Russian hackers attempted to infiltrate the Democratic National Committee (DNC) just after the US midterm elections last year, according to a new court filing.
The attack in November 2018 was previously reported as targeting a number of organizations including law enforcement, defense contractors, and media companies, but the filing this week claims that the DNC was also a direct target.
"On November 14, 2018, dozens of DNC email addresses were targeted in a spear-phishing campaign, although there is no evidence that the attack was successful," an amended complaint, filed late Thursday in New York, states.
The filing [PDF] is part of an ongoing lawsuit against Russia for hacking the DNC during the 2016 presidential election during which emails from the Clinton campaign's chairman were stolen and sent to Wikileaks, which posted them online.
In this new filing, the DNC says that the content and the timing of the emails means it was targeted as part of a wider phishing campaign. The hacking effort has previously been connected to a Russian hacking group known as Cozy Bear, which is connected to Russian intelligence and also thought to be behind the 2016 DNC hacking.
"It is probable that Cozy Bear again attempted to unlawfully infiltrate DNC computers in November 2018," the filing reports. The new claim is the fourth addition to the lawsuit claiming that the Russian hacking attempts have continued past the 2016 elections.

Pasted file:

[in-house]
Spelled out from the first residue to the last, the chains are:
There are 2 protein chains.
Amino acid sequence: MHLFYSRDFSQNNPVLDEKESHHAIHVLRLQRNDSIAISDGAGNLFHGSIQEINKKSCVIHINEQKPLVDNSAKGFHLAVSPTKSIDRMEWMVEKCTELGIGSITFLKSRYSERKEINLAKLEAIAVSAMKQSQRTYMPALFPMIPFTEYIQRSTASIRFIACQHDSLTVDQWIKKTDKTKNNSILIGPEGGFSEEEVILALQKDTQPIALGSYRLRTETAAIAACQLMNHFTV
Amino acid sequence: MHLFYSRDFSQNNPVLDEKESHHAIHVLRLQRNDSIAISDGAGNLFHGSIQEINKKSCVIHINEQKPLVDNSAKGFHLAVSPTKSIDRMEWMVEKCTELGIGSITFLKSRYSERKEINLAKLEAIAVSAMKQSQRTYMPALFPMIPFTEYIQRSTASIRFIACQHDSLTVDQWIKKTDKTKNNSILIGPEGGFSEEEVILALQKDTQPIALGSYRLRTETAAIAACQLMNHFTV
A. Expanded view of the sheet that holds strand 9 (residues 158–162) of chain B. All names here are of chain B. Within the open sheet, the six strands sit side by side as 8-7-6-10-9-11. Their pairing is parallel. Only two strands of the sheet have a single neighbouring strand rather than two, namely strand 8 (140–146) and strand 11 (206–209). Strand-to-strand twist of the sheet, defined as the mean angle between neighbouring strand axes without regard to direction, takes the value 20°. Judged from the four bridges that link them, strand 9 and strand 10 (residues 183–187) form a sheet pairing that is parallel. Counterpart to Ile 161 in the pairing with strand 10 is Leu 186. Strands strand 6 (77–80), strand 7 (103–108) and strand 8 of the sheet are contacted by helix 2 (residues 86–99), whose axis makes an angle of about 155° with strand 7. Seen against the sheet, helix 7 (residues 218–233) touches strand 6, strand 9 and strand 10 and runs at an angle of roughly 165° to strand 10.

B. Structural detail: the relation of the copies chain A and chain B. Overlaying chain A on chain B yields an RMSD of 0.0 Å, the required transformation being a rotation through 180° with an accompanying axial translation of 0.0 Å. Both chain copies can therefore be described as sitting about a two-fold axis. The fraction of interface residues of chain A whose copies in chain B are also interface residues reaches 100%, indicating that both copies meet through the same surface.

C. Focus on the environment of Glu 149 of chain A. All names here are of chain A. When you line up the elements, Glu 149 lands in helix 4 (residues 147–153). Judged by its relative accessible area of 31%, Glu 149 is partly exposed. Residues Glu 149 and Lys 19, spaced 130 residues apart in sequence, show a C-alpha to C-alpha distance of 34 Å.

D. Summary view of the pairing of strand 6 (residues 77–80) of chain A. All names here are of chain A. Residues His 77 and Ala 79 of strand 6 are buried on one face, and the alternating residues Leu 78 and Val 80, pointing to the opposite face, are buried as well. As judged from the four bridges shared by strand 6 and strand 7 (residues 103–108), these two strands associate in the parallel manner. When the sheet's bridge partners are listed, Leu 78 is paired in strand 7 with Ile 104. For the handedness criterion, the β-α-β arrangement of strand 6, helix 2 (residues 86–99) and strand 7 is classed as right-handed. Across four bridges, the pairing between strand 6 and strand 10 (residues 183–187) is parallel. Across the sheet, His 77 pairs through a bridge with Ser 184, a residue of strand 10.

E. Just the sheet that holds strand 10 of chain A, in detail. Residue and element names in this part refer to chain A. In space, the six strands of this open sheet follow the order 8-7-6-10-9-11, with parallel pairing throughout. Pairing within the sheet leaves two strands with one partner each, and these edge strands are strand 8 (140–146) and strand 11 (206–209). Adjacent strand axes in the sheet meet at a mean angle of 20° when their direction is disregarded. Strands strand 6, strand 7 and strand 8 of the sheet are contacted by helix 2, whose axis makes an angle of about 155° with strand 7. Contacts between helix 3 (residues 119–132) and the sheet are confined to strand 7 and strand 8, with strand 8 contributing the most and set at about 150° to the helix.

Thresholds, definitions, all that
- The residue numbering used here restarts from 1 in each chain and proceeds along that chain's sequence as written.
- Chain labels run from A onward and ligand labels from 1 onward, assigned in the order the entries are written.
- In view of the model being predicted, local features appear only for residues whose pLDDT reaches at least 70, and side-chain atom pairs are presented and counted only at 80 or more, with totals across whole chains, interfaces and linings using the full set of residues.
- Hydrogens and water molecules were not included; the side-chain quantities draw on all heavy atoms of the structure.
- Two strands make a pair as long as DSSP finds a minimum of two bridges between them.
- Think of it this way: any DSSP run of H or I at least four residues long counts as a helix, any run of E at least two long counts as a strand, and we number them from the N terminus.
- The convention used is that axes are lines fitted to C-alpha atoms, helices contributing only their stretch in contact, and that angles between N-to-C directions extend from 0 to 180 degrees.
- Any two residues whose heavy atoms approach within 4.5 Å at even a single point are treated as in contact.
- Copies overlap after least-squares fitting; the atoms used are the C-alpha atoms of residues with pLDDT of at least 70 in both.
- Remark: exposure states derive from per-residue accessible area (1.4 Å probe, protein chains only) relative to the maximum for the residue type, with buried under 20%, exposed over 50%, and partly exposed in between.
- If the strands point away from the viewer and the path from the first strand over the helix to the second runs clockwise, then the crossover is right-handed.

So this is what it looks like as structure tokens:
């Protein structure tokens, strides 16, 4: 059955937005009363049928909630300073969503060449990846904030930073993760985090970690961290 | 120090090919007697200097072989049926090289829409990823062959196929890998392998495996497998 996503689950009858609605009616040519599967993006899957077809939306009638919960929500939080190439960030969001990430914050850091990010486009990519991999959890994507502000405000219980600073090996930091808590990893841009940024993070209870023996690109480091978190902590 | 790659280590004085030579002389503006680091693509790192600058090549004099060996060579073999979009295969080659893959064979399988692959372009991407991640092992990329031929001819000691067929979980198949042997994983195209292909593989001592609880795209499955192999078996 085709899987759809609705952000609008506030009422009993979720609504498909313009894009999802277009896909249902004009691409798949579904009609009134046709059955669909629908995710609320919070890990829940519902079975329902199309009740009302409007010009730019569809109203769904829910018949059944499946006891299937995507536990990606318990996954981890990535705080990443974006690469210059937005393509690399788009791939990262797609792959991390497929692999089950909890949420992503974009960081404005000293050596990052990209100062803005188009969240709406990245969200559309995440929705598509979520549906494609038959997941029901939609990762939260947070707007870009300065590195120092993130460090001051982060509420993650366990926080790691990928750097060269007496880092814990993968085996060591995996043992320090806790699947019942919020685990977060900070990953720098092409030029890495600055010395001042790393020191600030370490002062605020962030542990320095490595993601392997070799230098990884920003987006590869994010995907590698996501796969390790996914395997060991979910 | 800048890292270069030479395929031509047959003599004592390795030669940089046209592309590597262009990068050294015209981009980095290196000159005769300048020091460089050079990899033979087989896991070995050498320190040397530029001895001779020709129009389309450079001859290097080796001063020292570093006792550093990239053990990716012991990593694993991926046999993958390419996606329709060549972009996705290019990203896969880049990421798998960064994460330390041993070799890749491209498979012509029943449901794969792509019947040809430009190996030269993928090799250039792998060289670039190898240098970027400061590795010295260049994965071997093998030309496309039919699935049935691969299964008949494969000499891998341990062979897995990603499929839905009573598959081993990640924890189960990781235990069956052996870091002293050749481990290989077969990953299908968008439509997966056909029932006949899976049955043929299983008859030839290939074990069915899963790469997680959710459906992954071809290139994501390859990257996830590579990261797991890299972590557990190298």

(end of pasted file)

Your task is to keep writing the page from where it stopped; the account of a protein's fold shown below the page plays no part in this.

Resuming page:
While the lawsuit does not claim that President Trump or his campaign team knew about either hacking attempt, it references the Trump campaign's and the president's repeated denials of links with Russian intelligence figures.
Those denials that have increasingly rung hollow over time as various figures from Trump campaign manager Paul Manafort, personal lawyer Michael Cohen, and national security advisor Michael Flynn, among others, have all admitted lying about their Russian contacts.
Kushner, Assanage, Manafort
The lawsuit does not name Donald Trump personally but does include his son-in-law Jared Kushner, Paul Manafort and WikiLeaks founder Julian Assange. It strongly implies that the Trump campaign was part of a broader conspiracy with the Russian government to influence the US political system.
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DNC chairman Tom Perez said previously of the lawsuit: "This constituted an act of unprecedented treachery: the campaign of a nominee for president of the United States in league with a hostile foreign power to bolster its own chance to win the presidency."
In typically robust language, the Trump campaign has dismissed the case as a "sham lawsuit about a bogus Russian collusion claim filed by a desperate, dysfunctional and nearly insolvent Democratic Party."
Meanwhile the Russian government has responded in a now-familiar troll-like fashion, denying it was behind the hacking efforts but making a point of stating that even if was behind them it would be immune from prosecution because of sovereignty rules.
The logic behind bringing the lawsuit appears to be that a similar lawsuit filed back in 1972 by the Democratic Party against President Nixon's re-election campaign over the Watergate break-in. That lawsuit provided a legal route to raise accusations and introduce evidence against Nixon and was a key aspect in the president's eventual resignation.
The filing in this case – a second amended complaint – is effectively a 111-page record of Russian efforts to disrupt the Democratic party and the shifting positions that the Trump campaign has taken with respect to the allegations. ®